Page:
* * *

Because of fears about the complexities of employee-benefits law in general, limited damages, and preemption, many lawyers fail to consider claims under section 510 of ERISA.  Those lawyers should not be so dismissive.  Section 510 claims are easily spotted, arising under the same fact patterns that employment lawyers see time and time again.  When brought, the claims do not necessarily preempt other applicable claims, and are analyzed under common employment law frameworks.  If successful, they can provide a meaningful financial remedy. And, they can even prevail where a discrimination or FMLA claim would not.

No matter which side of the aisle, all employment lawyers should start becoming aware of section 510.  It is too significant a potential claim for employees, employers, or their respective lawyers, to ignore.



[i] Coomer v. Bethesda Hosp., Inc., 370 F.3d 499, 506 (6th Cir. 2004).

[ii] 29 U.S.C. § 1140 (emphasis added).

[iii] Tolle v. Carroll Touch, Inc., 977 F.2d 1129, 1133 (7th Cir. 1992).

[iv] Ingersoll-Rand Co. v. McClendon, 498 U.S. 133, 143 (1990).

[v] Mattei v. Mattei, 126 F.3d 794, 798 (6th Cir. 1997) (quotation omitted).

[vi] Inter-Modal Rail Employees Ass’n v. Atchison, Topeka and Santa Fe Railway Co., 520 U.S. 510 (1997); Coomer, 370 F.3d at 509, n.8.

[vii] Smith v. Hinkle Mfg., Inc., 36 Fed. Appx. 825, 828 (6th Cir. 2002); see Momchilov v. McIlvaine Trucking, Int’l, Inc., 2010 U.S. Dist. LEXIS 27620, *9–10 (N.D. Ohio Mar. 24, 2010).

[viii] Geer v. United Precast, Inc., 2007 U.S. Dist. LEXIS 9209, *20­–21 (N.D. Ohio Feb. 7, 2007).

[ix] Momchilov, 2010 U.S. Dist. LEXIS 27620, at *9–10 (quoting Hamilton v. Starcom Mediavest Group, Inc., 522 F.3d 623, 628 (6th Cir. 2008)).

[x] See Smith, 36 Fed. Appx. at 828; Momchilov, 2010 U.S. Dist. LEXIS 27620, at *9–10.

[xi] Geer, 2007 U.S. Dist. LEXIS 9209, at * 20–21 (citing Schlett v. Avco Fin. Servs., Inc. 950 F. Supp. 823, 834–35 (N.D. Ohio 1996)).

[xii] Schlett, 950 F. Supp. at 834–35.

[xiii] See Smith, 36 Fed. Appx. at 825, 828.

[xiv] 29 U.S.C. § 2612(a)(1)(C).

[xv] 42 U.S.C. § 12112(b)(4).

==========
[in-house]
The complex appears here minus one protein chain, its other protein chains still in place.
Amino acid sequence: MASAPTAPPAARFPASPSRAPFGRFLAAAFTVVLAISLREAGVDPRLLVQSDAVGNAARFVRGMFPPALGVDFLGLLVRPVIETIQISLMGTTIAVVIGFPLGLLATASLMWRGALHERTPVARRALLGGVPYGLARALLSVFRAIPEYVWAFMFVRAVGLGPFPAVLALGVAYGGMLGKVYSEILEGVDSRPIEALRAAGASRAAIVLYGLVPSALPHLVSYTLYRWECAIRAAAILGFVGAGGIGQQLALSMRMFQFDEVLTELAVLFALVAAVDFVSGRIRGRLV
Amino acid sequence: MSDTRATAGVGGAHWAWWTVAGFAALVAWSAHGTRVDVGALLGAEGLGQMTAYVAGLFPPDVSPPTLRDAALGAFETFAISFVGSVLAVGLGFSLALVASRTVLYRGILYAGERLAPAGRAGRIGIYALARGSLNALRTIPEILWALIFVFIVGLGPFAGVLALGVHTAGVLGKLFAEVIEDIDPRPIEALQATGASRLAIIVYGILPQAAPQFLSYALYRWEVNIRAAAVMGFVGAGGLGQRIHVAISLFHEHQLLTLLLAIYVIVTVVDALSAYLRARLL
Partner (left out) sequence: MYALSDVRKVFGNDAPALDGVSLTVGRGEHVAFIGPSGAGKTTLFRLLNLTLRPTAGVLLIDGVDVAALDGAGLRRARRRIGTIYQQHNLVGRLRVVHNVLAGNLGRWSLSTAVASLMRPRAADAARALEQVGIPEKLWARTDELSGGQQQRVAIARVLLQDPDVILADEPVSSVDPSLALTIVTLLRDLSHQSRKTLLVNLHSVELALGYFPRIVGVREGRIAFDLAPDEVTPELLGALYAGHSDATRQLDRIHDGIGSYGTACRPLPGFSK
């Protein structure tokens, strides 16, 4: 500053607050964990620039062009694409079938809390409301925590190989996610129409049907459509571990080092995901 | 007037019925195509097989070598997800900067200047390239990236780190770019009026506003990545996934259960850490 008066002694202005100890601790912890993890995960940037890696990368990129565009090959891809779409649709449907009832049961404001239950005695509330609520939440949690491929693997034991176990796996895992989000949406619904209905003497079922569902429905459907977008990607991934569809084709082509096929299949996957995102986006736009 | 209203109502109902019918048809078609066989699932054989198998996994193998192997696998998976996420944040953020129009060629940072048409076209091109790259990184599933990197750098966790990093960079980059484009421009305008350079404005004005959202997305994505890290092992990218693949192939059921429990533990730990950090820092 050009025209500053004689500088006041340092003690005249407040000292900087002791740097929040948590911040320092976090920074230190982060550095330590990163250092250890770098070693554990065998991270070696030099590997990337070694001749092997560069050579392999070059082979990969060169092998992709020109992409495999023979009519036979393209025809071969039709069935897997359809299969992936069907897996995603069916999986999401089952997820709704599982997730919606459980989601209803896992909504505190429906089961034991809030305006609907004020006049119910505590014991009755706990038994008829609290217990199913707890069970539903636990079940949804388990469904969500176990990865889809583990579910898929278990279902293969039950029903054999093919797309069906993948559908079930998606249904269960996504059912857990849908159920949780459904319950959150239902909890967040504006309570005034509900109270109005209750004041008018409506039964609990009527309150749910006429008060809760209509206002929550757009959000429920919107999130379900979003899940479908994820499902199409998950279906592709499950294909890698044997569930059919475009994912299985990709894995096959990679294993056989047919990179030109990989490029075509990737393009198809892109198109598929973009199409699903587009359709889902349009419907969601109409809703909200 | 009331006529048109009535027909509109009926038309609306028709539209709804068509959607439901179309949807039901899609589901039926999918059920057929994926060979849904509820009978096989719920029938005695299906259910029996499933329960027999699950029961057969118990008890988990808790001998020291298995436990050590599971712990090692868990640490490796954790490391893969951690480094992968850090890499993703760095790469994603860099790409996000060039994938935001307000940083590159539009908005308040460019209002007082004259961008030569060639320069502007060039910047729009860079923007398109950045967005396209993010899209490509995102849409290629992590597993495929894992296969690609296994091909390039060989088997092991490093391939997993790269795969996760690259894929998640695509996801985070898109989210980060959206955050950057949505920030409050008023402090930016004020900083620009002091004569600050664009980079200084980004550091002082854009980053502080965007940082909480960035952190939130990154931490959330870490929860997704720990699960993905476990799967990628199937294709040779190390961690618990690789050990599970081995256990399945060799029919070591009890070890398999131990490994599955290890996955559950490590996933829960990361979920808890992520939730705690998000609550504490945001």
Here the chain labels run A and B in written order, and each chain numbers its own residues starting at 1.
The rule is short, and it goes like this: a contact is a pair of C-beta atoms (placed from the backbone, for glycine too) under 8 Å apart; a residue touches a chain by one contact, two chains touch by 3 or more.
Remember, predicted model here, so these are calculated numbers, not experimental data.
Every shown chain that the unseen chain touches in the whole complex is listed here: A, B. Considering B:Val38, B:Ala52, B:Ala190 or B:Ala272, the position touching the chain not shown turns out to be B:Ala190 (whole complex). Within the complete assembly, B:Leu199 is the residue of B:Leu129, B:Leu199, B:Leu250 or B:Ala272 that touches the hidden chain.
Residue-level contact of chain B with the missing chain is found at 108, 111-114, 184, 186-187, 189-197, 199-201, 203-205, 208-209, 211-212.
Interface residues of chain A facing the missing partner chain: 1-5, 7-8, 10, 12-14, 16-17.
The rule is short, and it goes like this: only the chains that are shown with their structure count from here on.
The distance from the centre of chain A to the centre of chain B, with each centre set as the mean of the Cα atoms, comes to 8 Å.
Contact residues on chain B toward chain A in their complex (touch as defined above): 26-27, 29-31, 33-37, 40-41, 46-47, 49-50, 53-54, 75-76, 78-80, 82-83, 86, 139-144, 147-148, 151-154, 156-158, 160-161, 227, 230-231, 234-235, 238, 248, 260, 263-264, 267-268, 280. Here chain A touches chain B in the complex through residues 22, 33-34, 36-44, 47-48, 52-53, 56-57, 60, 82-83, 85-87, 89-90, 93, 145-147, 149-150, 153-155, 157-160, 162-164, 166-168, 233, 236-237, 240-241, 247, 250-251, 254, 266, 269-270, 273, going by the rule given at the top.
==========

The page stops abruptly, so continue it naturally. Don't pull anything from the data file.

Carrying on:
[xvi] 42 U.S.C. § 12102(2) (including individuals with a “record of” a physical or mental impairment that substantially limits one or more major life activities within the definition of “disability”).

[xvii]Hazen Paper Co. v. Biggins, 507 U.S. 604, 612 (U.S. 1993) (holding that proximity to vesting in a pension is not a basis for an age discrimination claim); Allen v. Diebold, Inc., 33 F.3d 674, 677 (6th Cir. 1994) (“Plaintiffs must allege that Diebold discriminated against them because they were old, not because they were expensive.”).

[xviii] 29 U.S.C. § 1140; see Hazen Paper Co., 507 U.S. at 612 (noting that firing an employee to preclude vesting in a pension plan would be actionable under ERISA section 510); Pennington v. Western Atlas, Inc., 202 F.3d 902, 906–11 (6th Cir. 2000) (upholding a jury award under ERISA on a claim that the employer laid off 59-year old and 60-year old plaintiffs to keep them from vesting on their pensions).

[xix] See Huisjack v. Medco Health Solutions, Inc., 496 F. Supp. 2d 859, 863 (S.D. Ohio 2007).

[xx] See Schwartz v. Gregori, 45 F.3d 1017 (6th Cir. 1995); Browning v. Gutchess, 843 F.2d 1390 (6th Cir. 1988).

[xxi] 29 U.S.C. § 1132(a)(1)(B).

[xxii] 29 U.S.C. § 1132(a)(3).

[xxiii]  See Schwartz, 45 F.3d at 1022–23; Wiideman v. Daimerchrysler Corp., 2006 U.S. Dist. LEXIS 71929 (E.D. Mich. Oct. 3, 2006); cf. Bledsoe v. Emery Worldwide Airlines, Inc., 635 F.3d 836, 843 (6th Cir. 2011) (citing Schwartz’s holding with approval in a WARN Act case); contraMillsap v. McDonnell Douglas Corp., 2004 WL 1127189, at *6 (10th Cir. May 21, 2004).

[xxiv] 29 U.S.C. § 1132(g)(1).

[xxv] See Fleming v. Ayers & Assoc., 948 F.2d 993, 998 (6th Cir. 1991) (affirming a jury verdict on an ERISA section 510 claim and dismissal of Title VII gender discrimination claim); Huisjack, 496 F. Supp. 2d at 864 (denying summary judgment on an ERISA section 510 claim but granting summary judgment on an age discrimination claim); Conners v. Spectrasite Communs., Inc., 465 F. Supp. 2d 834, 859 (S.D. Ohio 2006) (denying summary judgment on an ERISA section 510 claim but granting summary judgment on disability discrimination and FMLA claims); cf. Hazen Paper Co., 507 U.S. at 612 (holding that firing an employee to prevent pension benefits from vesting “would be actionable under § 510 of ERISA . . . But it would not, without more, violate the ADEA.”).

[xxvi] Cromwell v. Equicor-Equitable HCA Corp., 944 F.2d 1272, 1276 (6th Cir. 1991).

[xxvii] Welsh v. Wachovia Securities, LLC, 2007 U.S. Dist. LEXIS 61794, at *4 (N.D. Ohio Aug. 22, 2007) (quoting Ingersoll-Rand Co., 498 U.S. at 139).

[xxviii] Warner v. Ford Motor Co., 46 F.3d 531, 534 (6th Cir. 1995).

[xxix] See Kalo v. Moen Inc., 93 F. Supp. 2d 869, 874–75 (N.D. Ohio 2000).

[xxx] As a practical matter, since ERISA claims will make a case removable to federal court, in some instances, there will be no particular advantage to bringing a claim of discrimination under state law rather than an analogous federal statute.